Winning Makes You More Dishonest After The Fact Than Losing, According To Study


Ever hear the phrase "success doesn't make you who you are, it reveals who you are?" Well, a new study is revealing that isn't always for the best: researchers from Ben-Gurion University of the Negev (BGU) and the Hebrew University of Jerusalem have recently determined that winning actually makes you more likely to be dishonest. Essentially, people who are in the mindset of "competition" are more likely to cheat or act dishonestly in the future. The study was published in the Proceedings of the National Academy of Sciences, and it's pretty fascinating, if not slightly worrying, as well.

The truth is that people who are of a competitive mindset aren't only those who are actually trying to "win" something. Sure, politicians and contestants on The Bachelor justify fudging the truth because they're geared toward one objective. Yet many people live their normal, everyday lives with the idea of "competitiveness," or a desire for superiority. In the process, they lie about their earnings or their age or even just how happy their lives are. The point is that this study has implications far beyond explaining why Donald Trump is a human mythical fact creator. It can also help us understand why we are inclined to be less-than-true to ourselves when we think something is at stake.

"We already know that some politicians and business executives will often resort to unethical means to win, for example the recent Volkswagen scandal," said Dr. Amos Schurr, a lecturer at BGU's Guilford Glazer Faculty of Business and Management and member of the University's Decision Making and Economic Psychology Center. "Our research was focused on who is more likely to subsequently engage in unrelated unethical behaviors — winners or losers?"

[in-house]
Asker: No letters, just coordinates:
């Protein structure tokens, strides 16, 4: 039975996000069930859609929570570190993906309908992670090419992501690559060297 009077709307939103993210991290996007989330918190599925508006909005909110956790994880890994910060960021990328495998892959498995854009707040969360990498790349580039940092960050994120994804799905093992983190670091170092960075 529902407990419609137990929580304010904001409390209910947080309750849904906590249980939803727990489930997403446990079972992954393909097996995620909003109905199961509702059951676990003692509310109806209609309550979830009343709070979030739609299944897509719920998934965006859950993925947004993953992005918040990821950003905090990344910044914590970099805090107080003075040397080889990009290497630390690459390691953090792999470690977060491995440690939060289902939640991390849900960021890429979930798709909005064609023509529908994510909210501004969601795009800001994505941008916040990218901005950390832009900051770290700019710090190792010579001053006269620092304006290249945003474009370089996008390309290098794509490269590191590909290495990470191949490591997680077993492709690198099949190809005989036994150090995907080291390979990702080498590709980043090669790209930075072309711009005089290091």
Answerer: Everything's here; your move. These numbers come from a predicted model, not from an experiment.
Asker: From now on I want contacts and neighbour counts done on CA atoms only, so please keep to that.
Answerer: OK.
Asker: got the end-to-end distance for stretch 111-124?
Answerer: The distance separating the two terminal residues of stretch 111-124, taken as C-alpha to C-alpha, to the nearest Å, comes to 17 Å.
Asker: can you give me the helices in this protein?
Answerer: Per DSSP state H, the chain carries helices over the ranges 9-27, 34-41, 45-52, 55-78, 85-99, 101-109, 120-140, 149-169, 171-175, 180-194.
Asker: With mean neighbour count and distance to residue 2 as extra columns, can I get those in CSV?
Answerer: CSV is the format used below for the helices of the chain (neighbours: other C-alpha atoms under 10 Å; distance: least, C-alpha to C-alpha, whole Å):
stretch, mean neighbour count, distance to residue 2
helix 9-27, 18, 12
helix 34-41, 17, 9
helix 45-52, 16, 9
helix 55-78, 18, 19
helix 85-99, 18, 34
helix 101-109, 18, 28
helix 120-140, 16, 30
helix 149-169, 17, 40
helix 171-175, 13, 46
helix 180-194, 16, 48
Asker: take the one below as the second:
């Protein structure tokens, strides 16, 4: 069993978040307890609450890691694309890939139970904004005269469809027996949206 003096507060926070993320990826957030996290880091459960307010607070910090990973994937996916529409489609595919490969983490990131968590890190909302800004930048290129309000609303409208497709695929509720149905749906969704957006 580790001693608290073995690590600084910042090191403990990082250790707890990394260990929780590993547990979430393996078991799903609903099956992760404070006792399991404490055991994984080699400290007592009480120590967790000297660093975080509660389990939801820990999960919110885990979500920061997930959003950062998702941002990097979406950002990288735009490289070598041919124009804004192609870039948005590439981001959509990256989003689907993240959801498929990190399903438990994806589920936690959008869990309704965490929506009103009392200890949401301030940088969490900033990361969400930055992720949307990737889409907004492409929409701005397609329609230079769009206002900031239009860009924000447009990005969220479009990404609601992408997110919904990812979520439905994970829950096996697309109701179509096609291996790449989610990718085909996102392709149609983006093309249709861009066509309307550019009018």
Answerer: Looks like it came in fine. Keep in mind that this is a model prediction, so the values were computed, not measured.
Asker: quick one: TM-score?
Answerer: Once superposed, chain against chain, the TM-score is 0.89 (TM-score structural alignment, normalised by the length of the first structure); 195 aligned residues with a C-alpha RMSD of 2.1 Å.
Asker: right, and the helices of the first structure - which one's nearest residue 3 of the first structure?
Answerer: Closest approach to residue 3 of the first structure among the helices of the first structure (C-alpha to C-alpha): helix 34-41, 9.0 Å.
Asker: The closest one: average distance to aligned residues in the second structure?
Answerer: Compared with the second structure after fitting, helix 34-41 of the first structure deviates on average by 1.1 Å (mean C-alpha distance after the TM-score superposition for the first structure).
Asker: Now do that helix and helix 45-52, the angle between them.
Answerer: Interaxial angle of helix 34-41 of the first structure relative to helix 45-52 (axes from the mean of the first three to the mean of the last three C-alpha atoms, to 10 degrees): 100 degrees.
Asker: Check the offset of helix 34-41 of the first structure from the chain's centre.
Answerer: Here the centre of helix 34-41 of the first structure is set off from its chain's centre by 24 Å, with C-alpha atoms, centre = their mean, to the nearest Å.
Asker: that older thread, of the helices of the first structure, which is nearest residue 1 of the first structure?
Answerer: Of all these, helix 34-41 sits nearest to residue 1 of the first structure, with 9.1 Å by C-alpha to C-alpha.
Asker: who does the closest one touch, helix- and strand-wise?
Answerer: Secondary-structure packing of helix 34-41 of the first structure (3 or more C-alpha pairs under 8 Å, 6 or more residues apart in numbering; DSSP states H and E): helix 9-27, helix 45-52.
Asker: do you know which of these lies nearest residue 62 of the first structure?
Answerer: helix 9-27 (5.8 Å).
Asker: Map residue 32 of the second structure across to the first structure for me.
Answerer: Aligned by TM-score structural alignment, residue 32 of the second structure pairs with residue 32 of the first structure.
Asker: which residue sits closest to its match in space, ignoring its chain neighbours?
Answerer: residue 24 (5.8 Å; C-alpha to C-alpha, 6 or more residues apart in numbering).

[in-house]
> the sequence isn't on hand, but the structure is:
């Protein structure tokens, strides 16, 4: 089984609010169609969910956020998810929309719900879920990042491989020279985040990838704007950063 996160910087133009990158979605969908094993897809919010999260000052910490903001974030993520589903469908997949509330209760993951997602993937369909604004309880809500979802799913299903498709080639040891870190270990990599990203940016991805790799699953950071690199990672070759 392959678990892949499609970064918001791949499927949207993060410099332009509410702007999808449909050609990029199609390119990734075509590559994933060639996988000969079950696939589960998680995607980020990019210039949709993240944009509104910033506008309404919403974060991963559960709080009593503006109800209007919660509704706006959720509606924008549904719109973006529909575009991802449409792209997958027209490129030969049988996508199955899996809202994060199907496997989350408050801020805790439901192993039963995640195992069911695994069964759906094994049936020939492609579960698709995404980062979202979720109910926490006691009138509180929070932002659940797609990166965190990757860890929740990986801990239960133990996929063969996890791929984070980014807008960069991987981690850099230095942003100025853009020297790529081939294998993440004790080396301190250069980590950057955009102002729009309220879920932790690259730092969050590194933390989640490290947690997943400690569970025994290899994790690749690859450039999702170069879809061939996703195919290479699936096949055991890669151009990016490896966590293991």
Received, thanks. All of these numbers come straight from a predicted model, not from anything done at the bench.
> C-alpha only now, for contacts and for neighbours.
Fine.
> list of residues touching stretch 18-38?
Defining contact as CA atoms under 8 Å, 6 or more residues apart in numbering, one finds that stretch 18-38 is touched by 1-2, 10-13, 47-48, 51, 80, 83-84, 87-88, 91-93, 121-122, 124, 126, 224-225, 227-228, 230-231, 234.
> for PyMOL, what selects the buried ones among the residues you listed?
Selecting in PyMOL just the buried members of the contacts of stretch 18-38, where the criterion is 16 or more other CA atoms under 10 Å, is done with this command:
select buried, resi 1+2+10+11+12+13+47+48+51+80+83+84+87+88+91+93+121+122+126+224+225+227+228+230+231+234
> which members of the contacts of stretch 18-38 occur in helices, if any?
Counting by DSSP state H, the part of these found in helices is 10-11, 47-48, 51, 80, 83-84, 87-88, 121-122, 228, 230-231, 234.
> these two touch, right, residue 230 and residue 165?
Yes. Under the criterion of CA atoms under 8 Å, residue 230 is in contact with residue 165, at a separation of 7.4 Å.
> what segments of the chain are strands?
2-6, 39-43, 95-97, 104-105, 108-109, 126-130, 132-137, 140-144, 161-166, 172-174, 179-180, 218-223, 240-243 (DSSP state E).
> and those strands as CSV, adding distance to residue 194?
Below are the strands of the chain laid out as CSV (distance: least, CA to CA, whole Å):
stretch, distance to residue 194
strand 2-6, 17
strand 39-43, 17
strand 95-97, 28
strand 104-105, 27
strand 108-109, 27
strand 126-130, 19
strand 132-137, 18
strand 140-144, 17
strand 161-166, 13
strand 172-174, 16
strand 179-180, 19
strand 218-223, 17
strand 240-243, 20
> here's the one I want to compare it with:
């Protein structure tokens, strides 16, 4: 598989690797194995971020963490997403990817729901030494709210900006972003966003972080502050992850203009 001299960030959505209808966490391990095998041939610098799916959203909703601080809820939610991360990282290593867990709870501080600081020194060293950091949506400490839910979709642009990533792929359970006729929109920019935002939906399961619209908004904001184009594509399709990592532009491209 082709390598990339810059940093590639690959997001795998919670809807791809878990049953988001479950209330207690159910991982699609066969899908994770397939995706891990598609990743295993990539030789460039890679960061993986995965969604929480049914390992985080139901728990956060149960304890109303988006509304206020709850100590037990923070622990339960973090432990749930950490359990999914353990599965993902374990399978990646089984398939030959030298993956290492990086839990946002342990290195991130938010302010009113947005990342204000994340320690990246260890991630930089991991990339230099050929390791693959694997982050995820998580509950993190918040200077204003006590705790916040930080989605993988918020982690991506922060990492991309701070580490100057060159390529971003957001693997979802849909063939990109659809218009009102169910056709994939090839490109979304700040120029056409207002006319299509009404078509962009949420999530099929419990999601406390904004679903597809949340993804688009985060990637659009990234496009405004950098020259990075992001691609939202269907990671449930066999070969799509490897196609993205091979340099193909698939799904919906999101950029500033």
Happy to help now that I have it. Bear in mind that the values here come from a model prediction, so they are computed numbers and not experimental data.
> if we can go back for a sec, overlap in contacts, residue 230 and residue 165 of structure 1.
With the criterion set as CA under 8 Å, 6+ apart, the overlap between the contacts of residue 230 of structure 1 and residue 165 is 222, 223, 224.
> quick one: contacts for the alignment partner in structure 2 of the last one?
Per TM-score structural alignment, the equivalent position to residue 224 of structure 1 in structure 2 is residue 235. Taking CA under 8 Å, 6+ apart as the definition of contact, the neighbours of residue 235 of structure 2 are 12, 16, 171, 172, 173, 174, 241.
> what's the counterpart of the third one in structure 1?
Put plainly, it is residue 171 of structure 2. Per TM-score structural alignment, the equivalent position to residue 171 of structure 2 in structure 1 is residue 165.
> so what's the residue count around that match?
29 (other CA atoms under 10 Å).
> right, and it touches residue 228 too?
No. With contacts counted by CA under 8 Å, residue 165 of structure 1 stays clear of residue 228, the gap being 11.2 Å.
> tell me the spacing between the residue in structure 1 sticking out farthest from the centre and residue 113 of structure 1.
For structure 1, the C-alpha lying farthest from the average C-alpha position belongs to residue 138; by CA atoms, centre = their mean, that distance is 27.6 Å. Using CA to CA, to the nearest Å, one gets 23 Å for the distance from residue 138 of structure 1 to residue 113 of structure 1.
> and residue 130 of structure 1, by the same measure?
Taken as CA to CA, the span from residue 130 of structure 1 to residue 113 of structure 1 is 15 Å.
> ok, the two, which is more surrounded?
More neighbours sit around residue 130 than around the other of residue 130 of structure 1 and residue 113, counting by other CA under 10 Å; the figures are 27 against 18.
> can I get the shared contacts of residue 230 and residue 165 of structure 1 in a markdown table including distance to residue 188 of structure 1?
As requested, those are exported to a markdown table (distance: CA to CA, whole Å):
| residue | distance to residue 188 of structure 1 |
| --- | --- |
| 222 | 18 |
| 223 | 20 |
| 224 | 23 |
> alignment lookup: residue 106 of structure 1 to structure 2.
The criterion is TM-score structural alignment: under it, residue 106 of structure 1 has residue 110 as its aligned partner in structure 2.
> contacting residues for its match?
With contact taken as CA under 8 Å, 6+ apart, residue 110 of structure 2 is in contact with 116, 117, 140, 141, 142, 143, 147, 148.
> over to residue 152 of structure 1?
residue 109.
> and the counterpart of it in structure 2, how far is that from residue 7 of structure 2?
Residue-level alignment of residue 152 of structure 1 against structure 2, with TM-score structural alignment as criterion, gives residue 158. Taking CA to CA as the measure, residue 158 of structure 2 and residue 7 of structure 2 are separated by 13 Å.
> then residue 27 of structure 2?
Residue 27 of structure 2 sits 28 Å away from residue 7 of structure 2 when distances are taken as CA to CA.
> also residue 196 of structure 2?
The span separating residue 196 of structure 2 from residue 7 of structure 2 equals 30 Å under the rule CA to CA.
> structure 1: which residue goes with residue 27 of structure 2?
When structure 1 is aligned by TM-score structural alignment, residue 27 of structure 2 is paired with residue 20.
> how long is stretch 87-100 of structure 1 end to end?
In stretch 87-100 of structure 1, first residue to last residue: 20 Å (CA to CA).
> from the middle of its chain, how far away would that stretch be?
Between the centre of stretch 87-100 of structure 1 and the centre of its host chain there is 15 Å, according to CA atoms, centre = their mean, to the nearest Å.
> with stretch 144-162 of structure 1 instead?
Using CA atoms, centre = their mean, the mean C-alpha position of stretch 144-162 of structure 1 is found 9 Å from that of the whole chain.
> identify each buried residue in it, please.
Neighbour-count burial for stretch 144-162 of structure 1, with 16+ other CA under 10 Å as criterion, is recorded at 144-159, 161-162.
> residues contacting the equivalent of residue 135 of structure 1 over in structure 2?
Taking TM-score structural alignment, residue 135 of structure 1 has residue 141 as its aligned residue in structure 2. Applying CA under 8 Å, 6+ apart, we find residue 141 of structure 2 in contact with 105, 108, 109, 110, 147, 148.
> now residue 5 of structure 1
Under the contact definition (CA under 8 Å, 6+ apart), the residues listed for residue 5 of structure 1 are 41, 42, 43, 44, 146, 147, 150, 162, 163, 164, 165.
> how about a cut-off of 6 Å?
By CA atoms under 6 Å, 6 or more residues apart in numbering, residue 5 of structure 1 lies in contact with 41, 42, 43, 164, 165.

What's interesting, though, is that the study shows that even when the competition is over, winners are still more inclined to dishonesty than anybody else. The behavior seems dependent on winning, not just "success." (Success is more subjective — "winning" is something we perceive everyone to recognize.) The reason for this could be that these people are either more invested in being recognized and revered by their idea of "other people," or they're just so used to fibbing for the sake of getting ahead, they begin to view it as the formula for success.

The research cited here involved five studies with groups of students in Israel. The first two demonstrated that winning a competition increases the likelihood that the winner will steal money from their counterparts in a subsequent but unrelated task. The next studies proved that the effect is present only when winning means performing better than others, as opposed to attaining a personal goal.

"These findings suggest that the way in which people measure success affects their honesty. When success is measured by social comparison, as is the case when winning a competition, dishonesty increases," Schurr explained. "When success does not involve social comparison, as is the case when meeting a set goal, defined standard or recalling a personal achievement, dishonesty decreases."

The researchers concluded that, "It is difficult to overstate the importance of competition in advancing economic growth, technological progress, wealth creation, social mobility, and greater equality. At the same time, however, it is vital to recognize the role of competition in eliciting censurable conduct. A greater tendency toward unethicality by winners is likely to impede social mobility and equality, exacerbating disparities in society rather than alleviating them. Finding ways to predict and overcome these tendencies may be a fruitful topic for the future study."

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